ORIGINALLY WRITTEN STAFF
This spring some producers may be considering using their wheat crop
as hay or silage. What is the best time to harvest wheat or triticale
As with all cool season grasses, the nutritional value of cereal
forage is highly dependent on its stage of maturity when harvested. As
with most forages, the crude protein and energy concentration in wheat
and triticale decreases as the plants mature from boot to dough stage.
However, the tonnage of silage or hay per acre almost doubles between
these two stages. Thus the producer has to decide which is most
important- quality or quantity.
For most growing and finishing operations, the late milk to soft dough
stage is the best compromise, producing the maximum tonnage or
protein, energy and beef per acre, while reducing harvesting costs per
ton because of the greater yield per acre.
In contrast to corn and sorghum, wheat and triticale mature very
rapidly, taking only 10-14 days for each maturity stage from boot to
milk to dough. Consequently, producers need to be ready to harvest
rapidly, with the cooperation of the weather.
If the harvesting season gets delayed, silage producers may want to
consider raising their cutter bars and direct cut ?head chop? silage,
reducing harvesting time while increasing energy content of the
As a silage, soft dough wheat or triticale is comparable to high grain
forage sorghum silage and generally has about 80 percent the energy
value of corn silage. However, wheat will generally have 2-3 percent
more protein than sorghum or corn silages on a dry matter basis.
Feeding value is directly related to the potential grain yield. Proper
moisture content is very important in cereal grain silage. Try to
ensile at 60-65 percent moisture for optimum results in most bunker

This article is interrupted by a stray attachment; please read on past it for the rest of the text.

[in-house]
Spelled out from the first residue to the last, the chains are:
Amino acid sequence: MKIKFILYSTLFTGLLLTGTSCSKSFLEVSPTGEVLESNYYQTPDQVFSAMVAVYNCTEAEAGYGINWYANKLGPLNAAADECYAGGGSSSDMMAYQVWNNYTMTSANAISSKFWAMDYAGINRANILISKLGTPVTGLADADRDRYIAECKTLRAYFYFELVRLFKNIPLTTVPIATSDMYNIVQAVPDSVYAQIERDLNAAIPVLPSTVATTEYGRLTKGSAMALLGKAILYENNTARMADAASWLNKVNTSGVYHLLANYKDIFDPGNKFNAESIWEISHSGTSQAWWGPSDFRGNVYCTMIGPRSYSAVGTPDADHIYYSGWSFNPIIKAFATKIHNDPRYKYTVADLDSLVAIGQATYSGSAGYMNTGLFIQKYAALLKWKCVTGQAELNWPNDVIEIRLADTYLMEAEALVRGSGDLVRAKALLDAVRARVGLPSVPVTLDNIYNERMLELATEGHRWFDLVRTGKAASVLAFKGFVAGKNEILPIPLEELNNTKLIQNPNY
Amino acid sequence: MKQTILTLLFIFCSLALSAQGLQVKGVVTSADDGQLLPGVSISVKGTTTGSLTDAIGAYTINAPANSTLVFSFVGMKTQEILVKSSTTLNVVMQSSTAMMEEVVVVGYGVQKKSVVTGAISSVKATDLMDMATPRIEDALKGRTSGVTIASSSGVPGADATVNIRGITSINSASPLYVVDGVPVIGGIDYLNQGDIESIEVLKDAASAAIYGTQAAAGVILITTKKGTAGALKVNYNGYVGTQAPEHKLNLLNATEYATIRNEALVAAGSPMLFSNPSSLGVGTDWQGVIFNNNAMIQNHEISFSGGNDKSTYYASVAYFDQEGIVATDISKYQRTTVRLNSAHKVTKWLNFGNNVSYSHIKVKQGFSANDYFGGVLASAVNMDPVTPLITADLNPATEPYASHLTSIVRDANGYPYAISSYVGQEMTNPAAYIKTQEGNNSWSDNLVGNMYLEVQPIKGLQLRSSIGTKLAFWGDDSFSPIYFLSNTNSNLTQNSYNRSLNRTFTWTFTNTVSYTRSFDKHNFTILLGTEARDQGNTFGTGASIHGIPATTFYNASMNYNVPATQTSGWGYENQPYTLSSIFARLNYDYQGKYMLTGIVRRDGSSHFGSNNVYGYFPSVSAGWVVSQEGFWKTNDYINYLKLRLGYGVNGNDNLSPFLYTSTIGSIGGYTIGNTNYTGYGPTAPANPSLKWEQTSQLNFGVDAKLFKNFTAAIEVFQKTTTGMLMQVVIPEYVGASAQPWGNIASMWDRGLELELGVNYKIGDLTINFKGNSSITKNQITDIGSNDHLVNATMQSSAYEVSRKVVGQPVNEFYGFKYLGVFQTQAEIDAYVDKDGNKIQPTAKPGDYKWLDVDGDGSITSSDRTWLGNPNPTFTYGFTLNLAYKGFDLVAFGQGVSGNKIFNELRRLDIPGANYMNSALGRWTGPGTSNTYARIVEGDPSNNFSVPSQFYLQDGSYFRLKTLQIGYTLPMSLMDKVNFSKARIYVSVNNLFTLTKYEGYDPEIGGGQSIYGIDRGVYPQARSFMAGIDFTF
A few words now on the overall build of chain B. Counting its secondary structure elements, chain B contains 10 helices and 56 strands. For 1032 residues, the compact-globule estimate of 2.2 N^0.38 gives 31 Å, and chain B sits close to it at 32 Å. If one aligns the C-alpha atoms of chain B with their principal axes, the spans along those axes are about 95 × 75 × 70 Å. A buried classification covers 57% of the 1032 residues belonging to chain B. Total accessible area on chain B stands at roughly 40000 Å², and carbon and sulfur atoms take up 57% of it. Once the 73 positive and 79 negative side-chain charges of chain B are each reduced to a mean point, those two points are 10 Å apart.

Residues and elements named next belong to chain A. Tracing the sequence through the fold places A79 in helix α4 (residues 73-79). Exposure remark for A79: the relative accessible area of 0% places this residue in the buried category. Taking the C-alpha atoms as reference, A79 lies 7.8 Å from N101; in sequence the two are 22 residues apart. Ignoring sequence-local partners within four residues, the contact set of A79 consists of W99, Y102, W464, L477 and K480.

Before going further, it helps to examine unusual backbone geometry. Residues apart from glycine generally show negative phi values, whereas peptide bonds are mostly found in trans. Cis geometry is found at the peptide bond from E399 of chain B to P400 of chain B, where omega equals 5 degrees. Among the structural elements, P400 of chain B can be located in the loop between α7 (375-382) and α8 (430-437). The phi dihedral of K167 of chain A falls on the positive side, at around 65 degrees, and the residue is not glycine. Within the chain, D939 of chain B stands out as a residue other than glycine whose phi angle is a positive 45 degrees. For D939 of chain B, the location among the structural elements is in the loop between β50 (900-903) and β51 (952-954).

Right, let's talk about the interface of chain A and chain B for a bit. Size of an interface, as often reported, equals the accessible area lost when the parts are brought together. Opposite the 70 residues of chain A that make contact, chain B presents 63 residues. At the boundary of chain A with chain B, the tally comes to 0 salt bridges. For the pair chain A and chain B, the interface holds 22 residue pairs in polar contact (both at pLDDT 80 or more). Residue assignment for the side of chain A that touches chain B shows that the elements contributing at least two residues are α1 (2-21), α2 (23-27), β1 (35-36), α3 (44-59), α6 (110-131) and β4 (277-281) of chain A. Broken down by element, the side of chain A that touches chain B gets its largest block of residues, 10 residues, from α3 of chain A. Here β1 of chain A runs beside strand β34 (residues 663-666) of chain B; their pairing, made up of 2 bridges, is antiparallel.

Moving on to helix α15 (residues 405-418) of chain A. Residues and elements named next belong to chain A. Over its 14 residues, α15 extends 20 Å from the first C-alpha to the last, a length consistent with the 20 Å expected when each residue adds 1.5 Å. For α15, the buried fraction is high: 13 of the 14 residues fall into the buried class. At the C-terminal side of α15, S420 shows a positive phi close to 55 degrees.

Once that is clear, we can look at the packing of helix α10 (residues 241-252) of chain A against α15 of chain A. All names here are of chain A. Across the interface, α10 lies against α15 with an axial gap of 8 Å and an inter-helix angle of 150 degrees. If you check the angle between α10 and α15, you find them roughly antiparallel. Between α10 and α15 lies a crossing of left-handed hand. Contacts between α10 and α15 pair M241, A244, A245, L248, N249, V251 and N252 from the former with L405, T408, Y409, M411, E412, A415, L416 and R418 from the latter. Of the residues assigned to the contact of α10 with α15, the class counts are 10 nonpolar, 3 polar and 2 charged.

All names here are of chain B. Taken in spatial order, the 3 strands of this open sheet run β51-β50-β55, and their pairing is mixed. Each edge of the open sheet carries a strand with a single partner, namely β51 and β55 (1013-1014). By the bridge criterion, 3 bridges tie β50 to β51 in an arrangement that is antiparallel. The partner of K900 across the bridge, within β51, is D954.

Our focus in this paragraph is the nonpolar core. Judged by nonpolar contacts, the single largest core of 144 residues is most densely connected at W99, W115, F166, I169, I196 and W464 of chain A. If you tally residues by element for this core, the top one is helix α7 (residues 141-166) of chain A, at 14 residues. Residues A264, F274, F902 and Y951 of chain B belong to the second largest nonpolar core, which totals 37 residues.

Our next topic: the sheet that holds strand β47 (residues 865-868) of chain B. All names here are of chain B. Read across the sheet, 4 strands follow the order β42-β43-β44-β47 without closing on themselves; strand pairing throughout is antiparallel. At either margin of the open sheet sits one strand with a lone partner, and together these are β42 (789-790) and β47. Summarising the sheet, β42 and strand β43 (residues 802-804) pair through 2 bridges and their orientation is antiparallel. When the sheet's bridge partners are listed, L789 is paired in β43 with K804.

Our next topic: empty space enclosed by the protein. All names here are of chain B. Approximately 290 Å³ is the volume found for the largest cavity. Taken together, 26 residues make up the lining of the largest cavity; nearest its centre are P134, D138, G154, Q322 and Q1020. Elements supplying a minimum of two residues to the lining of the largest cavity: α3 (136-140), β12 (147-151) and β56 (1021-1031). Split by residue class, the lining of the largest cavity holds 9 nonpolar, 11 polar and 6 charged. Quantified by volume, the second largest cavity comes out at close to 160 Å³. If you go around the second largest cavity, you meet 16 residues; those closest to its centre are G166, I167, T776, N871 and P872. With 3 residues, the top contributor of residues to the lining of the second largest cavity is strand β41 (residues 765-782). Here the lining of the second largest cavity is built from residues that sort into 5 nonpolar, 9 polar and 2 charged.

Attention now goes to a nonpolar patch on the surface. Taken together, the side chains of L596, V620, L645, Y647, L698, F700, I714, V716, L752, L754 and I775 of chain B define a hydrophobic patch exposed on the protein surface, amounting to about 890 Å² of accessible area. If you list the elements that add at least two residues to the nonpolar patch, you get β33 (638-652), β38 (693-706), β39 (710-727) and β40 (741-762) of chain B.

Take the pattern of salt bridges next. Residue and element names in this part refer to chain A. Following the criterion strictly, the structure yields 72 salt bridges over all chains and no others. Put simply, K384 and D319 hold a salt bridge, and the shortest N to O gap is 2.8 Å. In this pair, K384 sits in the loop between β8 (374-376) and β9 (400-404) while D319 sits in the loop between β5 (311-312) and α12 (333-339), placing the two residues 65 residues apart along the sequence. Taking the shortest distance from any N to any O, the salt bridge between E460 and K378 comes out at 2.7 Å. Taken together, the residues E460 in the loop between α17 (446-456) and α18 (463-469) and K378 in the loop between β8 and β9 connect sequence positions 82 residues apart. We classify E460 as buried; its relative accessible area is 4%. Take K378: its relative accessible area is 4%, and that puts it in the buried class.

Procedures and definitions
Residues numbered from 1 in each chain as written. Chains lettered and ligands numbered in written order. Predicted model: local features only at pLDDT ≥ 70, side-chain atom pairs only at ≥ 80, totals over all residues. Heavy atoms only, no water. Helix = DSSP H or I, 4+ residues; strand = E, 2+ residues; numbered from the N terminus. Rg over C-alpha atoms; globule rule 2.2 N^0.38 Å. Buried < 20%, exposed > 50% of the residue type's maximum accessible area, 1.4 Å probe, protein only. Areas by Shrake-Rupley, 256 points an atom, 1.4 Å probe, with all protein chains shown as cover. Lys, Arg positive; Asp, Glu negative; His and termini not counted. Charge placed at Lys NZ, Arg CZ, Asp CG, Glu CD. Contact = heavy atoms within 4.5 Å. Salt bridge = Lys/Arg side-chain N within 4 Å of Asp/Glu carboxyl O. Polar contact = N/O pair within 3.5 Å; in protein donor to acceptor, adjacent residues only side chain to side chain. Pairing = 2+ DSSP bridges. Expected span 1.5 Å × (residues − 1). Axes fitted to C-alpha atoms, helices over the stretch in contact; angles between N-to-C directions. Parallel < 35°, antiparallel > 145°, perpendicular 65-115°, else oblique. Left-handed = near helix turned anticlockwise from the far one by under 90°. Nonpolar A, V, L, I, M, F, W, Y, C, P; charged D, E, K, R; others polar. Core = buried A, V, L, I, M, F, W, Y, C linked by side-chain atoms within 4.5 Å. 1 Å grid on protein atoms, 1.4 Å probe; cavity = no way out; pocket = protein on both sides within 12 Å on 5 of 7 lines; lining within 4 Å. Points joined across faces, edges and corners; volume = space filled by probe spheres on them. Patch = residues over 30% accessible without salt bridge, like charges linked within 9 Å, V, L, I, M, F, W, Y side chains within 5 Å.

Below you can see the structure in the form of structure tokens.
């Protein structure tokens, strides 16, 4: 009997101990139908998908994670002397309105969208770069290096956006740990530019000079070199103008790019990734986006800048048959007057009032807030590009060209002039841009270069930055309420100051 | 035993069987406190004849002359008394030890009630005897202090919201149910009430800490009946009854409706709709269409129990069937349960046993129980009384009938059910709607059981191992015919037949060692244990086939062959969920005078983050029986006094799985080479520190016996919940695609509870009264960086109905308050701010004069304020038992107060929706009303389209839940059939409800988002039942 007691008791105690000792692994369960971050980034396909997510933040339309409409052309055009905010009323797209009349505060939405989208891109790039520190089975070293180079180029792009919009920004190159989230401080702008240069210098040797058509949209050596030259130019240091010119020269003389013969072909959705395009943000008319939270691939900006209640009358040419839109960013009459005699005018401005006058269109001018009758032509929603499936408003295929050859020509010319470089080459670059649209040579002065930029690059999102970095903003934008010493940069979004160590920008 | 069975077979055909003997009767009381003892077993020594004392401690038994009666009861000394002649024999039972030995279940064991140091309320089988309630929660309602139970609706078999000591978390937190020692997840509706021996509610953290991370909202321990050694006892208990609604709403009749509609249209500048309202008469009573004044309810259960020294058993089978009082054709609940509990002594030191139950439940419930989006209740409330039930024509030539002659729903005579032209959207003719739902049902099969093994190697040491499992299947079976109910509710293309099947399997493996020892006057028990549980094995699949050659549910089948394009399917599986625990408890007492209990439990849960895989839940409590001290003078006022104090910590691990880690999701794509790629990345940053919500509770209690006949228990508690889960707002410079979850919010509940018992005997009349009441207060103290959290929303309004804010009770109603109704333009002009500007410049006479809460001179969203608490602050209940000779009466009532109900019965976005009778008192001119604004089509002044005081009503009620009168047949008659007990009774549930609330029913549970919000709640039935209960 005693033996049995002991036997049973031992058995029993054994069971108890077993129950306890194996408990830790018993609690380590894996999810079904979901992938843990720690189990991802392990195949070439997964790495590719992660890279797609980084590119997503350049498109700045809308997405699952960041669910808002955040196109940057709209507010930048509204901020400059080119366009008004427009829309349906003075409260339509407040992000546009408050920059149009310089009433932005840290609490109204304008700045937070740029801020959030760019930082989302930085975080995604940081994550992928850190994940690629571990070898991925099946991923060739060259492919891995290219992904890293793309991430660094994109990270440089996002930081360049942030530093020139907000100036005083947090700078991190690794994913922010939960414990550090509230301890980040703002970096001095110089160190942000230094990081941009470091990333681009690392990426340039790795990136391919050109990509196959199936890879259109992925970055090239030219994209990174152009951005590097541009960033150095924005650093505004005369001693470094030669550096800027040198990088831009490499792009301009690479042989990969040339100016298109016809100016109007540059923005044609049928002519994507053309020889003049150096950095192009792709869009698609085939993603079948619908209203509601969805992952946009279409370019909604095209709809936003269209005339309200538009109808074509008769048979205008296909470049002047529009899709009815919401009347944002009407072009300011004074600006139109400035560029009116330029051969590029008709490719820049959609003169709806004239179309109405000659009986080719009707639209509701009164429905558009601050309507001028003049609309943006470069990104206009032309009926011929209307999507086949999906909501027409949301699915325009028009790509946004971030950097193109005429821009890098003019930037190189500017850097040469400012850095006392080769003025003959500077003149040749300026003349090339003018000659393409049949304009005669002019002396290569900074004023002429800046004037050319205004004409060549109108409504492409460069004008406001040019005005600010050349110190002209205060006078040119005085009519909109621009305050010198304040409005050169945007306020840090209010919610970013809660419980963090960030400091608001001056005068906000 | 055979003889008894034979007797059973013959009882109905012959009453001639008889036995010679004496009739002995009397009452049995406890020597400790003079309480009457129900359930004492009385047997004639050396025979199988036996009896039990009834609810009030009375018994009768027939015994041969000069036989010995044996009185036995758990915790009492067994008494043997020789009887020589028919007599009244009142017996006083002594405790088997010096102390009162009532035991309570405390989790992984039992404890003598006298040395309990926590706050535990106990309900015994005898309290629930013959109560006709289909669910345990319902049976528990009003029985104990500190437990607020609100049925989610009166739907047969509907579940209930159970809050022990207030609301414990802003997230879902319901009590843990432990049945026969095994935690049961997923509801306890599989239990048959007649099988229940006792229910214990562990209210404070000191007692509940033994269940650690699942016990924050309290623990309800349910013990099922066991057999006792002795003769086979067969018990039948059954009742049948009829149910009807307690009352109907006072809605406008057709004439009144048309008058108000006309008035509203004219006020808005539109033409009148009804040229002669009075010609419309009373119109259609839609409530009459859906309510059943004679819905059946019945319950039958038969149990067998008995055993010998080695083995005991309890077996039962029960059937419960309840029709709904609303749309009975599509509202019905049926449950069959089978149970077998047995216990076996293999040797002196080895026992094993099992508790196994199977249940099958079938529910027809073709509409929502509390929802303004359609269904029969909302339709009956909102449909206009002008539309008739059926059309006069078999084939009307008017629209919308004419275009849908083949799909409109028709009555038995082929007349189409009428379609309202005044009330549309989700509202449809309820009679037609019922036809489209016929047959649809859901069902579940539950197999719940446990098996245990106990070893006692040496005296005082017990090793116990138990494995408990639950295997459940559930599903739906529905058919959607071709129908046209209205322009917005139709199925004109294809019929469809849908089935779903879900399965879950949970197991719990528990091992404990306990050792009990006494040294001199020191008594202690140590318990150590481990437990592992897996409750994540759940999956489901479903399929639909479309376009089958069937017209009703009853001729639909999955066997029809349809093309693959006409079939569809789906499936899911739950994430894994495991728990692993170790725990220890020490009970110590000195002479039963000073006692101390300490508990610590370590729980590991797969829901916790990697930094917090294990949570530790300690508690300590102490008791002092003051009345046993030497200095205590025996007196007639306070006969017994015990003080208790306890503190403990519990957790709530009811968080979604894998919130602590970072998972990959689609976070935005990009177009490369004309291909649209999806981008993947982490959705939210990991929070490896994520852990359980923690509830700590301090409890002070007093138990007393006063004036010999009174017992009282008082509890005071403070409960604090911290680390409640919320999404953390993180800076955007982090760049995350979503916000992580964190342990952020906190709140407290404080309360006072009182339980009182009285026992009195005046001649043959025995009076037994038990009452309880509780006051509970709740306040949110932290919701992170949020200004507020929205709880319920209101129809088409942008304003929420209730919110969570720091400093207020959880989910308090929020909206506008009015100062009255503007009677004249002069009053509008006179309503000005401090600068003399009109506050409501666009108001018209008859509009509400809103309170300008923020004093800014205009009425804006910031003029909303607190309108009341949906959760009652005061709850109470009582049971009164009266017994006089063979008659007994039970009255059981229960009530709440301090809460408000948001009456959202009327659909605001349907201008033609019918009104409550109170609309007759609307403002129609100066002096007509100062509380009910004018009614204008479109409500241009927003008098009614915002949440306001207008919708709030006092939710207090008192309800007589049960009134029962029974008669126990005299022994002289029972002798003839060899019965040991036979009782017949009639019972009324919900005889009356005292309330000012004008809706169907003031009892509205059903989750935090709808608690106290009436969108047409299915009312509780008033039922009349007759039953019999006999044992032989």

and upright silos.
Wheat forage can also make excellent hay, especially if hay equipment
is all that?s available. Good wheat or triticale hay makes an
excellent roughage source for starting, growing and finishing cattle,
similar to high quality brome hay in nutritional value. It is
generally recommended to cut wheat somewhat earlier for hay (heading
to milk stage) than silage to enhance its feeding value and reduce
potential mouth problems created by the rough awned varieties. It is
generally not advisable to use a ?crimper? when swathing dough stage
wheat as it tends to thrash out the grain. Cure to 15-18 percent
moisture and bale as tightly as possible to minimize weathering
Which is better, silage or hay? It depends on the producer?s
harvesting equipment and storage capabilities. Harvesting and feeding
losses are considerably less with silage than hay. Plus, cattle
performance favors silage by 10 to 20 percent.
n Wheat variety plot tour. The Marion County Extension Council will
conduct its annual wheat variety demonstration plot tour May 15. Three
plots will be viewed. The tour begins at 5:30 p.m. at the Matt Voth
plot one and a half miles east of Goessel; the second stop is at 6:45
p.m. at the Ervin Ediger plot two miles west of Hillsboro and the
final stop at 8 p.m. is the Backhus/Agri Producers Inc. plot one half
ORIGINALLY WRITTEN STAFF